Spring break or TOEFL break?

Usually, students spend their spring break traveling back home to have fun with their family. They take the break as an opportunity to reduce their pressure, to relax and calm down. But, me, as an international student, I was not able to go back to my country for two main reasons: first, the travel would be too expensive, and second, I had my TOEFL to prepare. Thus, my break was not an opportunity to decompress, but an opportunity to reach the fullness of my potential and get over of this test that is haunting my spirit since almost 7 months. Dear readers, I want to share with you how I live these so called “break” days that turned out to be a nightmare.

The first day was a Saturday. In the morning, I went to Illinois bookstore and buy Barron’s TOEFL book. This book contains 8 real TOEFL Tests plus a CD software. It was exciting as I sat up my agenda to have one test per day until my exam which was scheduled for the following Saturday. Afterwards, I went to a restaurant to eat something and then go back home. This first day, I’ve made one integral test. I even recorded myself for the speaking section. I was totally satisfied because I did not procrastinate on anything. This was a very good beginning for personal planning that boost my motivation up.

The next 5 days, I stay focus in my room trying to follow my own plan. Fortunately, I was motivated enough to do all I have planned except some of the listening section that I did not do. I was becoming more confident about this annoying Test. “I will finally score more than 100”, I kept whispering this all time to keep myself enthusiastic and focused.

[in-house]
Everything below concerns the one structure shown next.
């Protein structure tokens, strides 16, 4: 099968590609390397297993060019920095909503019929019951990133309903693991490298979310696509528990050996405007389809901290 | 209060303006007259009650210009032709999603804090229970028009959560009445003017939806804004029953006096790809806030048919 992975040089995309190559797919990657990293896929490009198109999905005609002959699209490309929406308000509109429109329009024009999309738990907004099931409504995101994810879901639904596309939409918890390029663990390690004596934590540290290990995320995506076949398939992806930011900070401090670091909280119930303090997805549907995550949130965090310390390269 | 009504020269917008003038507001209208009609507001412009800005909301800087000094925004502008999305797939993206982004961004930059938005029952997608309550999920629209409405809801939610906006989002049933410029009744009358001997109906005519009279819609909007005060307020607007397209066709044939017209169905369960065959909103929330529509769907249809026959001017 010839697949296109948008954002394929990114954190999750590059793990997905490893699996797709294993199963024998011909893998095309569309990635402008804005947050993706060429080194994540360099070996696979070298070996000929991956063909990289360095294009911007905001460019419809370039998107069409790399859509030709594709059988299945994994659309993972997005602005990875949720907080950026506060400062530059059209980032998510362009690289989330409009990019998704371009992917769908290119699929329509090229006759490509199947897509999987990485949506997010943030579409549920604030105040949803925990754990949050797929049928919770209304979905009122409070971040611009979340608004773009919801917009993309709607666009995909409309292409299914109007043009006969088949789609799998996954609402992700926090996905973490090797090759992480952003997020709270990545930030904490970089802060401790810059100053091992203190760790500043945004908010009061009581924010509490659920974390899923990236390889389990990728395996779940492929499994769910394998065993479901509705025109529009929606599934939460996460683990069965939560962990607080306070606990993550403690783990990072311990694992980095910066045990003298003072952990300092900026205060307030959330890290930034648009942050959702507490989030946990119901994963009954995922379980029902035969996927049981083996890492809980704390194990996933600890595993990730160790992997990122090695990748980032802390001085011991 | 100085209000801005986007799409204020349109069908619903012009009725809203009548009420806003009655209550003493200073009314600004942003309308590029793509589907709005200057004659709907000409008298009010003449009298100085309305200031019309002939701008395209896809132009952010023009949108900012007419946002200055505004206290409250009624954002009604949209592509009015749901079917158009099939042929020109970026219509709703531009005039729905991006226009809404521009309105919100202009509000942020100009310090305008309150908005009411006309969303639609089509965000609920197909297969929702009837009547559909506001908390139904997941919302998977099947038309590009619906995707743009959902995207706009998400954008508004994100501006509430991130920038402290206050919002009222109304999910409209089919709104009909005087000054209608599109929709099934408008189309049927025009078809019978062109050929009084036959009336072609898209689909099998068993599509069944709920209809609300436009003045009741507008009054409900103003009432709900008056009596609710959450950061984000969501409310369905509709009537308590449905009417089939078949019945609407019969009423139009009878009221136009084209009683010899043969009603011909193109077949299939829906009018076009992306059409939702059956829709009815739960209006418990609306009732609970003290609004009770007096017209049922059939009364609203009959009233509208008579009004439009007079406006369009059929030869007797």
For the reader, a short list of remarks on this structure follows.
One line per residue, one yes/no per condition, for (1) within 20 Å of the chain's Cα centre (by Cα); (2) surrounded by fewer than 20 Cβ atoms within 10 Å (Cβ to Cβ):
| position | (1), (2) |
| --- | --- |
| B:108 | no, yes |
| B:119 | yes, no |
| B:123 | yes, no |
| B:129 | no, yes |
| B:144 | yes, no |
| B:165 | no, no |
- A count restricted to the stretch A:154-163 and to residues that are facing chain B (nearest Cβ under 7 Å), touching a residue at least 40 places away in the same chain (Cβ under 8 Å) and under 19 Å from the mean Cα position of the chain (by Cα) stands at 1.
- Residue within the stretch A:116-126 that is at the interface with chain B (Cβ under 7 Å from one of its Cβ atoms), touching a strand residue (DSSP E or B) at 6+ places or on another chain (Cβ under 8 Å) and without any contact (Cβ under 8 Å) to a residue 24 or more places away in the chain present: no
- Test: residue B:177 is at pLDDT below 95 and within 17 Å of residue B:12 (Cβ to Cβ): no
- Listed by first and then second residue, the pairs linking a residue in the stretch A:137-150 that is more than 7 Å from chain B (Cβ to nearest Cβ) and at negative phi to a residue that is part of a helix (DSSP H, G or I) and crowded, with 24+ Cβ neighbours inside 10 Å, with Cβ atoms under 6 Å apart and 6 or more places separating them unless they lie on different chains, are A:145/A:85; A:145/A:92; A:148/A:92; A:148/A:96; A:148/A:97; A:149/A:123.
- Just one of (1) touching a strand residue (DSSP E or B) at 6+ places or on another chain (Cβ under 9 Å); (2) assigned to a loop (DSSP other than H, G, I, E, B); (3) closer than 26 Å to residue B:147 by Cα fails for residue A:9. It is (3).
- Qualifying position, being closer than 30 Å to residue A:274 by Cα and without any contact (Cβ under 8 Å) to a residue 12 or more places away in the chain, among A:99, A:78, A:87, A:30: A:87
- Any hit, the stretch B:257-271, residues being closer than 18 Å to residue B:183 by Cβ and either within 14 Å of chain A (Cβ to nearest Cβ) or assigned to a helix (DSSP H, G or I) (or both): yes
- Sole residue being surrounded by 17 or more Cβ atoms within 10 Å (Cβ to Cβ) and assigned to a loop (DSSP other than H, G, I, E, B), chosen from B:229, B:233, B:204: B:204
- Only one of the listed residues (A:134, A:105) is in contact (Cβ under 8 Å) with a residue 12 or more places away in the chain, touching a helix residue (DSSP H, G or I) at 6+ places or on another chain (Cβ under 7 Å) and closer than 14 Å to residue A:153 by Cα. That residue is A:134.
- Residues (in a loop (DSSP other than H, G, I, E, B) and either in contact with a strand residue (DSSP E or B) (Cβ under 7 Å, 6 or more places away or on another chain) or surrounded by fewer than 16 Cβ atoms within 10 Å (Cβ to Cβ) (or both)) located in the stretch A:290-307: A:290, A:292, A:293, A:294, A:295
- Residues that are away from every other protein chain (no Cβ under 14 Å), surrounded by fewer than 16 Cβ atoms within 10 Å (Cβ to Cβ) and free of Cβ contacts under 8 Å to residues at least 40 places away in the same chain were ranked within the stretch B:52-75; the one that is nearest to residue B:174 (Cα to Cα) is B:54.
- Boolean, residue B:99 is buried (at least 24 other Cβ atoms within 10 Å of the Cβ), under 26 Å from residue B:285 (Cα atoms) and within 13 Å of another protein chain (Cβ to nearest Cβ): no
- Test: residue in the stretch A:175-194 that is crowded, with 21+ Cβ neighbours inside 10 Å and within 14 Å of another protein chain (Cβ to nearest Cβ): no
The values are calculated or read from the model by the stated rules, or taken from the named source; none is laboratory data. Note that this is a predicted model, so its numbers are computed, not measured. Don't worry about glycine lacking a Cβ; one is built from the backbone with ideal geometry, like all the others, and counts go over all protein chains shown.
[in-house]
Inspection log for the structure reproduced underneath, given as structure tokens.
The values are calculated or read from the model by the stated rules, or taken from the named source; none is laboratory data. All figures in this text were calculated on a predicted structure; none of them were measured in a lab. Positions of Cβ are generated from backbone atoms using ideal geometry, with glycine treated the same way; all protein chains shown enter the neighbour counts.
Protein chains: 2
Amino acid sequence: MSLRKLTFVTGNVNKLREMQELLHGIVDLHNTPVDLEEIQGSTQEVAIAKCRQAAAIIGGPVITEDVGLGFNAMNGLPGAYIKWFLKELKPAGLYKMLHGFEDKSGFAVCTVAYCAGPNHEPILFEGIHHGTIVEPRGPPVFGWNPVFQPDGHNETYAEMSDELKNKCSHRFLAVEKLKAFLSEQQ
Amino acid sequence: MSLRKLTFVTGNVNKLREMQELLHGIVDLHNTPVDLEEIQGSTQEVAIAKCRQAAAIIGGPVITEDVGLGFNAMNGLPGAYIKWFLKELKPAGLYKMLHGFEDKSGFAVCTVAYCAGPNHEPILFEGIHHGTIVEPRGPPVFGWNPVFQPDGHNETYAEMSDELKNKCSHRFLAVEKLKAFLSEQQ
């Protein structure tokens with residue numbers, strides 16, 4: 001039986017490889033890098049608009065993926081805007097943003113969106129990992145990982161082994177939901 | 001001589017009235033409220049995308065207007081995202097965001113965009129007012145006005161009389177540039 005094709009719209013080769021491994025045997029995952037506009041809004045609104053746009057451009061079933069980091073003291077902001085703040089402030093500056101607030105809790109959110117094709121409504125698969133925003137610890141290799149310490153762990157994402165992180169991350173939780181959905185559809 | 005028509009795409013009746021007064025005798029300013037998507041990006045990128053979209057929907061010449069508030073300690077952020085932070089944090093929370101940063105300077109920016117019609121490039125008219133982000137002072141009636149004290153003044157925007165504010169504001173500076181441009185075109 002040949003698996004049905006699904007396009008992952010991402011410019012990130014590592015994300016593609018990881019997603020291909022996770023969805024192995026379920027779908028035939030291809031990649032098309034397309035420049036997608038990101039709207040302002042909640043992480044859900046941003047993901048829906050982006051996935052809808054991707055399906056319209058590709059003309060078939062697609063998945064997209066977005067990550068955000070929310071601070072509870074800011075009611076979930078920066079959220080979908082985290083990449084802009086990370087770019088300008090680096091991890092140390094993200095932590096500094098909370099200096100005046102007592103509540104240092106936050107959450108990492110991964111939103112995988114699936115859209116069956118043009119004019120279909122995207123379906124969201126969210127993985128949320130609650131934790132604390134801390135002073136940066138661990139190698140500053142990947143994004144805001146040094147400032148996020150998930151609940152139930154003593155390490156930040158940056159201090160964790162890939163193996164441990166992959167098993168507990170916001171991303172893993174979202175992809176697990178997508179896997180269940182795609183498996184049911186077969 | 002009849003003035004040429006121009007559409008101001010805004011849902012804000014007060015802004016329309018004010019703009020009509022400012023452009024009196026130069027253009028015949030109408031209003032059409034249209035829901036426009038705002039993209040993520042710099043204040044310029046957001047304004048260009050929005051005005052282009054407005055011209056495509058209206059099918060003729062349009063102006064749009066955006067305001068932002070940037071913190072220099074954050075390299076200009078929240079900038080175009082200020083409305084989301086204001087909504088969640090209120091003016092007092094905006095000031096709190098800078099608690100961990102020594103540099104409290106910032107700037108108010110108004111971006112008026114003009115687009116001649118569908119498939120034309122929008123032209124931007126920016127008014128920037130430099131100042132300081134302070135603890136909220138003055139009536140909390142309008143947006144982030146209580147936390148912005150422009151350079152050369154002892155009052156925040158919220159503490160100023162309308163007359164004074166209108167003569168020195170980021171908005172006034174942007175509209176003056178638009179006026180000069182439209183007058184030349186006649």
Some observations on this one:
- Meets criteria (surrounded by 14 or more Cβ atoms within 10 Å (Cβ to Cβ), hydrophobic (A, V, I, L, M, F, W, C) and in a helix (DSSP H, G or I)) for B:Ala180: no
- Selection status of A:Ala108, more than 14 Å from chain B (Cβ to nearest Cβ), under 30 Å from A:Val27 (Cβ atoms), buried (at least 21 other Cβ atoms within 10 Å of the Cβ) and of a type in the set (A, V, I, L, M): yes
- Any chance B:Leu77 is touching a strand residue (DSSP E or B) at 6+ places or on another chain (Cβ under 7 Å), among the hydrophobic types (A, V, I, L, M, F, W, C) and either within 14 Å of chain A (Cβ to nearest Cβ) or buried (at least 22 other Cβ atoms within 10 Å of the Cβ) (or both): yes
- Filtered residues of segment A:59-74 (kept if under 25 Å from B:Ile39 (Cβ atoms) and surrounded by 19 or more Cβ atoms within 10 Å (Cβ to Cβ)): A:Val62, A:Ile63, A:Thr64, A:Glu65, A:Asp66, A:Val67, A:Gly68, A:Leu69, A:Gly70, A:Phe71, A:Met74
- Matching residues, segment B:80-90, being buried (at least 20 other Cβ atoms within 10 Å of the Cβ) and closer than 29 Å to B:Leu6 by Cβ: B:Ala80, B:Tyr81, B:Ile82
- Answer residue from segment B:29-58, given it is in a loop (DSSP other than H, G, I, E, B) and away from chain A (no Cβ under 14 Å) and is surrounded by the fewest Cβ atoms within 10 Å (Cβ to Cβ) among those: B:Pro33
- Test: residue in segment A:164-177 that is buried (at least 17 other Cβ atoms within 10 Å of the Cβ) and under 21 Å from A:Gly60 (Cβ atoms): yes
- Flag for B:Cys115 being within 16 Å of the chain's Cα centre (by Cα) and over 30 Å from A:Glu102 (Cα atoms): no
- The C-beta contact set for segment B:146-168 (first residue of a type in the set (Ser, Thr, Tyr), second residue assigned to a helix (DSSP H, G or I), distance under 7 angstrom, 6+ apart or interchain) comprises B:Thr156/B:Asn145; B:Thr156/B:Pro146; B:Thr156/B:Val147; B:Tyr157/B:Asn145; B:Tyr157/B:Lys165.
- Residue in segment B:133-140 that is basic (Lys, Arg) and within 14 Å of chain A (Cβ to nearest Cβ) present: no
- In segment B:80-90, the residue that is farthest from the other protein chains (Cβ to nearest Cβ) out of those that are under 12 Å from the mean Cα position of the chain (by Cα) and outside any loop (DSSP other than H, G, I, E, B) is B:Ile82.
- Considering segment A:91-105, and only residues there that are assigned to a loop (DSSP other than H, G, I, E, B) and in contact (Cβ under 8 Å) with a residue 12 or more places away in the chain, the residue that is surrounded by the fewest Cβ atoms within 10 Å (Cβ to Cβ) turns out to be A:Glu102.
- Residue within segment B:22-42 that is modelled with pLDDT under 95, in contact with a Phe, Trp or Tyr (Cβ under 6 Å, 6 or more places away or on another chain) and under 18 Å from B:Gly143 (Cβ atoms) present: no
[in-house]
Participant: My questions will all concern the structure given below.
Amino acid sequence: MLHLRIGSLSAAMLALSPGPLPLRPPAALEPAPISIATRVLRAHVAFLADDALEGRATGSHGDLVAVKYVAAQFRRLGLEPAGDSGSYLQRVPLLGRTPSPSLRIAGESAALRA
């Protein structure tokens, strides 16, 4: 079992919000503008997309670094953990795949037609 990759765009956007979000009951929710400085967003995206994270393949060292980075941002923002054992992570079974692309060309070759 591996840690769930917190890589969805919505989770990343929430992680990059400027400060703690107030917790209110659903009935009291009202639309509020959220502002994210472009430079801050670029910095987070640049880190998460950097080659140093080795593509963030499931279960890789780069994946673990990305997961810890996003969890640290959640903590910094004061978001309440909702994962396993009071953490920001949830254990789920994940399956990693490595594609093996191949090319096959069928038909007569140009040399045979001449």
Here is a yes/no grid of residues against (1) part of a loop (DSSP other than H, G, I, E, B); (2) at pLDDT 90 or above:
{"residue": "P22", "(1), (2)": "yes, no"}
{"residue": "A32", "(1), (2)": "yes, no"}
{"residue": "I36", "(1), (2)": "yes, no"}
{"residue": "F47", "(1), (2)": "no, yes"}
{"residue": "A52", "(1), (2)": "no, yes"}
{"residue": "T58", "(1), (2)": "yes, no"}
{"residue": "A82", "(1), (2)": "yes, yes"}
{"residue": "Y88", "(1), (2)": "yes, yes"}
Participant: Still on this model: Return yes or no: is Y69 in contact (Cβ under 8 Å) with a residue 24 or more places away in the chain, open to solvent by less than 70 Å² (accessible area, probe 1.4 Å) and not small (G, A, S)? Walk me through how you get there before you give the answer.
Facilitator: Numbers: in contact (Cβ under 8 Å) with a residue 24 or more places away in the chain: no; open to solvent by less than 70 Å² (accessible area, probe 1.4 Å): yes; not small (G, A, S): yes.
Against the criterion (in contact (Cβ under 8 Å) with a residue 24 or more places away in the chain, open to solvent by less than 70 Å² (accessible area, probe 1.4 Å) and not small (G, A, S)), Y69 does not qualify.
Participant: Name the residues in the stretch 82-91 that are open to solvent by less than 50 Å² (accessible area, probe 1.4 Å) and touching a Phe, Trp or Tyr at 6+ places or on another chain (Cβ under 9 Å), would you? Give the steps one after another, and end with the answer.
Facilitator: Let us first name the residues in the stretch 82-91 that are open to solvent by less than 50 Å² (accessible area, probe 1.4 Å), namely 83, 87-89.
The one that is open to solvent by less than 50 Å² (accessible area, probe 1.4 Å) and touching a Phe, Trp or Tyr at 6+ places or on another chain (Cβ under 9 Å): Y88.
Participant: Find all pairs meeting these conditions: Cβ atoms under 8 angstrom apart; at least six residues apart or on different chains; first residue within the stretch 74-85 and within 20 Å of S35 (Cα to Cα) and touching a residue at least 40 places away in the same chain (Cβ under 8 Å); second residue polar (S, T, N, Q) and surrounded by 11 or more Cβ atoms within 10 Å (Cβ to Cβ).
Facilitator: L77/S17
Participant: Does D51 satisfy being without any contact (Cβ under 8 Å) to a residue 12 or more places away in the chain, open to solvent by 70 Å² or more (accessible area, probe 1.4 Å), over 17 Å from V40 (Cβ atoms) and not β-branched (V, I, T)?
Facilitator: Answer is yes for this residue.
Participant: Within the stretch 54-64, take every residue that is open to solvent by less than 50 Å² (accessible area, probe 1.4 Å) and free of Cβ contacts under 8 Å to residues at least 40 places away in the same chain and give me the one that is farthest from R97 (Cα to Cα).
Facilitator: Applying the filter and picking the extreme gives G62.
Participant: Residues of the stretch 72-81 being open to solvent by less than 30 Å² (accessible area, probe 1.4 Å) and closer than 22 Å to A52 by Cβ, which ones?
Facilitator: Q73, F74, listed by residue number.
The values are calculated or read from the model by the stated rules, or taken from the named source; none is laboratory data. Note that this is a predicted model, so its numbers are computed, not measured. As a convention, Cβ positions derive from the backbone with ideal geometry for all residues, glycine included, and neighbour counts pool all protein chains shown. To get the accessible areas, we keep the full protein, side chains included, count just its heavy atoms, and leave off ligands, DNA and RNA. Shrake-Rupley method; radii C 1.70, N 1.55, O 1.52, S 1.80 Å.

Although it was not like the traditional break that I used to have,  this Spring break was nevertheless interesting because it was particular. It was not a break to relieve from stress but one to relieve from bad TOEFL scores. I think it was worth because at that moment, my TOEFL anxiety was higher than any other form of pressure.

Surprisingly, Friday morning when I woke up, I had a headache. I was not able to focus nor to do anything relevant to the test. It was burnout symptoms. Instantly, I realized that spending 6 following days studying is not a good idea. I became a little depressed because I knew that would affect my score. To make matters worse, the campus was almost empty. I could find anything during this boring Friday to relax myself. Eventually, I hardly fall asleep maybe around 1:00 AM.

Saturday at 7:00 AM, I woke up and went to the test center. I knew that I was not in good shape. Anyway, I had to take the test. It was hard for me to stay focus, mostly for the listening section. I was not able to reach the fullness of potential for it. I scrored 90 and I was very disappointed.

Nevertheless, I am happy about my “TOEFL Spring Break” because I have learned a lesson from it that can inspire me and others in the future. My new principle is the following: “Never set unrealistic goal, never exaggerate and always be open for compromises”.


One response to “Spring break or TOEFL break?”

  1. Hi Marc,
    Thank you for your sharing. After reading your TOEFL Spring Break, I felt great shame at having a crazy Spring Break. That was because I spent time on falling in amusement equipment in Disney World. It was such a waste of my time.  I can understand your feeling. I know that preparing TOFEL test is such a tough task when people have wanted to go abroad, especially, you have to get a high score to fit in a requirement. You are such a diligent student. Wish you can achieve your goal as soon as possible. By the way, I wonder where do you usually study, at home or go to a library?


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